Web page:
Old Saint Basil's Cathedral in MoscowJohnson's Russia List title and scenes of Saint Petersburg
Excerpts from the JRL E-Mail Community :: Founded and Edited by David Johnson
#2 - JRL 2009-131 - JRL Home
Russian State Duma deputies intend to help journalists in investigations

Moscow, 10 July: Members of the State Duma and media representatives intend to set up a structure which would support journalistic investigations and control their results by sending inquiries, Vladimir Vasilyev, the chairman of the security committee, has said.

"We, I mean a number of deputies and the initiative group of journalists, are setting up a structure that would support journalistic investigations that deserve attention (not all of them, surely you can agree, are carried out fairly) and to control their results by means of deputies' inquiries," Vasilyev said in an interview with the (weekly) Novaya gazeta, published on Friday (10July).

He said he "had already sent such an inquiry".

Speaking of the work of law-enforcement bodies, Vasilyev stressed the need for "purging" their ranks. "We are discussing the issue of setting up some mechanisms for "purging" law-enforcement bodies," he said.

"Crime, and you will not deny it, is growing, its organization and the level of extremism are growing, and this in its turn calls first of all for consolidation of law-enforcement bodies, and there is lack of staff; people who in other circumstances would be in prison get work as law-enforcers in a rush like this," Vasilyev said.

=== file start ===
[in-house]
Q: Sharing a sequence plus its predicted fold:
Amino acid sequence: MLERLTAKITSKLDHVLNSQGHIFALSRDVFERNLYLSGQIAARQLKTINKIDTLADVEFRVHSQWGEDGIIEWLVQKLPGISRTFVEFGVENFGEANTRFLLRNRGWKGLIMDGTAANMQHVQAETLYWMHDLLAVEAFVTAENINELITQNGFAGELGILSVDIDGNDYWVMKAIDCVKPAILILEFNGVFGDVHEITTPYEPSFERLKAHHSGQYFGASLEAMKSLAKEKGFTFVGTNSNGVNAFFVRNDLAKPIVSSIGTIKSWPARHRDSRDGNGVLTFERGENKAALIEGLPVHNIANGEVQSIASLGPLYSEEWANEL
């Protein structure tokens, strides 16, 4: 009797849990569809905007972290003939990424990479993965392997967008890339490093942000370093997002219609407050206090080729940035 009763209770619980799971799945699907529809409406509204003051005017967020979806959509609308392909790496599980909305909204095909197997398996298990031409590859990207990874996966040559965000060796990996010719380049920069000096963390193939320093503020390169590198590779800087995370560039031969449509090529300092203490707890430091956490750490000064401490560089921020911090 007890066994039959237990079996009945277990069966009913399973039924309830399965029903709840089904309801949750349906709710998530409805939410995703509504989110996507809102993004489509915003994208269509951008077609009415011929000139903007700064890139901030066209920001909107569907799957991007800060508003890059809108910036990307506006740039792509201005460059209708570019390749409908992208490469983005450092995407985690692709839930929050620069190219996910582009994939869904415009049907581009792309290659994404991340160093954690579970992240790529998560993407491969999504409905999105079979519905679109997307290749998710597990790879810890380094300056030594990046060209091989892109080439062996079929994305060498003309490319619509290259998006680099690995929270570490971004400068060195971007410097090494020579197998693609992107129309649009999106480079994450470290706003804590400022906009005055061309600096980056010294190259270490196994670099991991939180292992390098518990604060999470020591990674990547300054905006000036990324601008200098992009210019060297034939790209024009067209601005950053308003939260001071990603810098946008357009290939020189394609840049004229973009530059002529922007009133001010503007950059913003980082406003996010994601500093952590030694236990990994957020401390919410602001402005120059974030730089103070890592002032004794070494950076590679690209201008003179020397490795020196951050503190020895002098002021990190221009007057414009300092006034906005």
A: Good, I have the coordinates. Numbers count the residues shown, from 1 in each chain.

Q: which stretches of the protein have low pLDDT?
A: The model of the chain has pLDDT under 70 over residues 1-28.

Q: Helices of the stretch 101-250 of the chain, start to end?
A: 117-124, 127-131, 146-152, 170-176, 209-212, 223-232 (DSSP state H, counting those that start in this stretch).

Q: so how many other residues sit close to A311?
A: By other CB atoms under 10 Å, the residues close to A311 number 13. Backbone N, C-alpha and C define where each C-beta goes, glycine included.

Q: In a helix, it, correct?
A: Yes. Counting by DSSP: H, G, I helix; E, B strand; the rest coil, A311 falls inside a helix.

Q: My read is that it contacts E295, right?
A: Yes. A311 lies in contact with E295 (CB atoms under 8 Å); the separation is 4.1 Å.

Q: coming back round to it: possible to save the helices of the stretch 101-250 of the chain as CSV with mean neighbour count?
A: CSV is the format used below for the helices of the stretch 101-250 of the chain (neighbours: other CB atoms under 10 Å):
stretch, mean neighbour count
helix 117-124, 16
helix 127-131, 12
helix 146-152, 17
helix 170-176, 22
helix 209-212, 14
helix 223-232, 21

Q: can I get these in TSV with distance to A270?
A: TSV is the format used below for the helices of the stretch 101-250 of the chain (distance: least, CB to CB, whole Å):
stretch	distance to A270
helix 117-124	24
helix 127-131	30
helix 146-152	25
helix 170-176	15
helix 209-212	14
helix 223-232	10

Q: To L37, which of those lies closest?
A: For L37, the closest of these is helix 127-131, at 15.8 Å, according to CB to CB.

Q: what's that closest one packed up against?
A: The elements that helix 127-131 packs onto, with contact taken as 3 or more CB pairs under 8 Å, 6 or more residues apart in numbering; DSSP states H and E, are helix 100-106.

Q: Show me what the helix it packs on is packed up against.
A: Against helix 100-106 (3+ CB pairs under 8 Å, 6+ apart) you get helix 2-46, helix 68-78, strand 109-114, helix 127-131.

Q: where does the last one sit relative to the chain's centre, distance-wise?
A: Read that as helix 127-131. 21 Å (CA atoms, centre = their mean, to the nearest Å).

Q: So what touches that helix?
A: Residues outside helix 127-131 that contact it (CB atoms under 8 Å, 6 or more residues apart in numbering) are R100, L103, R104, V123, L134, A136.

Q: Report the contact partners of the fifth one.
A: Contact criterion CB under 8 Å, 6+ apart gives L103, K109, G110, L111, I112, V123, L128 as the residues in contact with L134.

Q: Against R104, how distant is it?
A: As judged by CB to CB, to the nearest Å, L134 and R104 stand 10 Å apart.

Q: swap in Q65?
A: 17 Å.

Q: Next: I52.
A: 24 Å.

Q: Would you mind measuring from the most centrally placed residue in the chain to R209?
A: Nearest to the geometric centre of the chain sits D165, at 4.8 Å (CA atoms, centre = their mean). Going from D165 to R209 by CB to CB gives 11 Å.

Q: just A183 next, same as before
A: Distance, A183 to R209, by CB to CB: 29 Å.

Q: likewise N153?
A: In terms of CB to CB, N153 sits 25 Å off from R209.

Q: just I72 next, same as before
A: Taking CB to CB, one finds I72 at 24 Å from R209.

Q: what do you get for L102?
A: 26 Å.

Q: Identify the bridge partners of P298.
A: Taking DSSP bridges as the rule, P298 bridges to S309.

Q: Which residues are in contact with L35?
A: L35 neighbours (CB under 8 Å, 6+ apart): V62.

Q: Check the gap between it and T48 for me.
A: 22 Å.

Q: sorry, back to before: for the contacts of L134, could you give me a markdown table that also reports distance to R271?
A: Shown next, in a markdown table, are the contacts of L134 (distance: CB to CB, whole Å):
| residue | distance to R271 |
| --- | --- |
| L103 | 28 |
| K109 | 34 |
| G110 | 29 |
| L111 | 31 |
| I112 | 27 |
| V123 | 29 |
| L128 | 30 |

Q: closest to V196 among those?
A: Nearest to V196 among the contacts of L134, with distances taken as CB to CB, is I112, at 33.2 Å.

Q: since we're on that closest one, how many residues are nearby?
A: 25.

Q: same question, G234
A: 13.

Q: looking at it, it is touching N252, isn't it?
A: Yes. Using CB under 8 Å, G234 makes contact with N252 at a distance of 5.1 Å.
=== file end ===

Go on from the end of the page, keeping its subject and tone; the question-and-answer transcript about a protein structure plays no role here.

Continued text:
Moreover, Vasilyev said, "in case such turncoats in the police are identified, they cannot even be dismissed (if there are no specific failures) in view of the lack of credibility; this occurs in the customs, too. Interior Ministry bodies are being equipped with lie detectors but the results of tests cannot be used in any form."

"Ideally, those who come to the police bodies without love for people, should not be allowed there. But that's in an ideal world, and where can we get people like this? Police is part of society, and those legal stimuli which the Interior Ministry can use to attract people are ludicrous. There are no apartments, the salaries are meagre, though there have been some changes here. For example, with the support from the Moscow government an average salary of a police officer has reached at least 1,000 dollars a month," Vasilyev said.

He said "the cult of cynicism, violence and illicit gain differs today's Russia from the society which we remember," he said, adding that the cult of violence was spread first of all by the media.

"There are signs of some political order in the information campaign against the Interior Ministry bodies, which can be seen in the press," he said.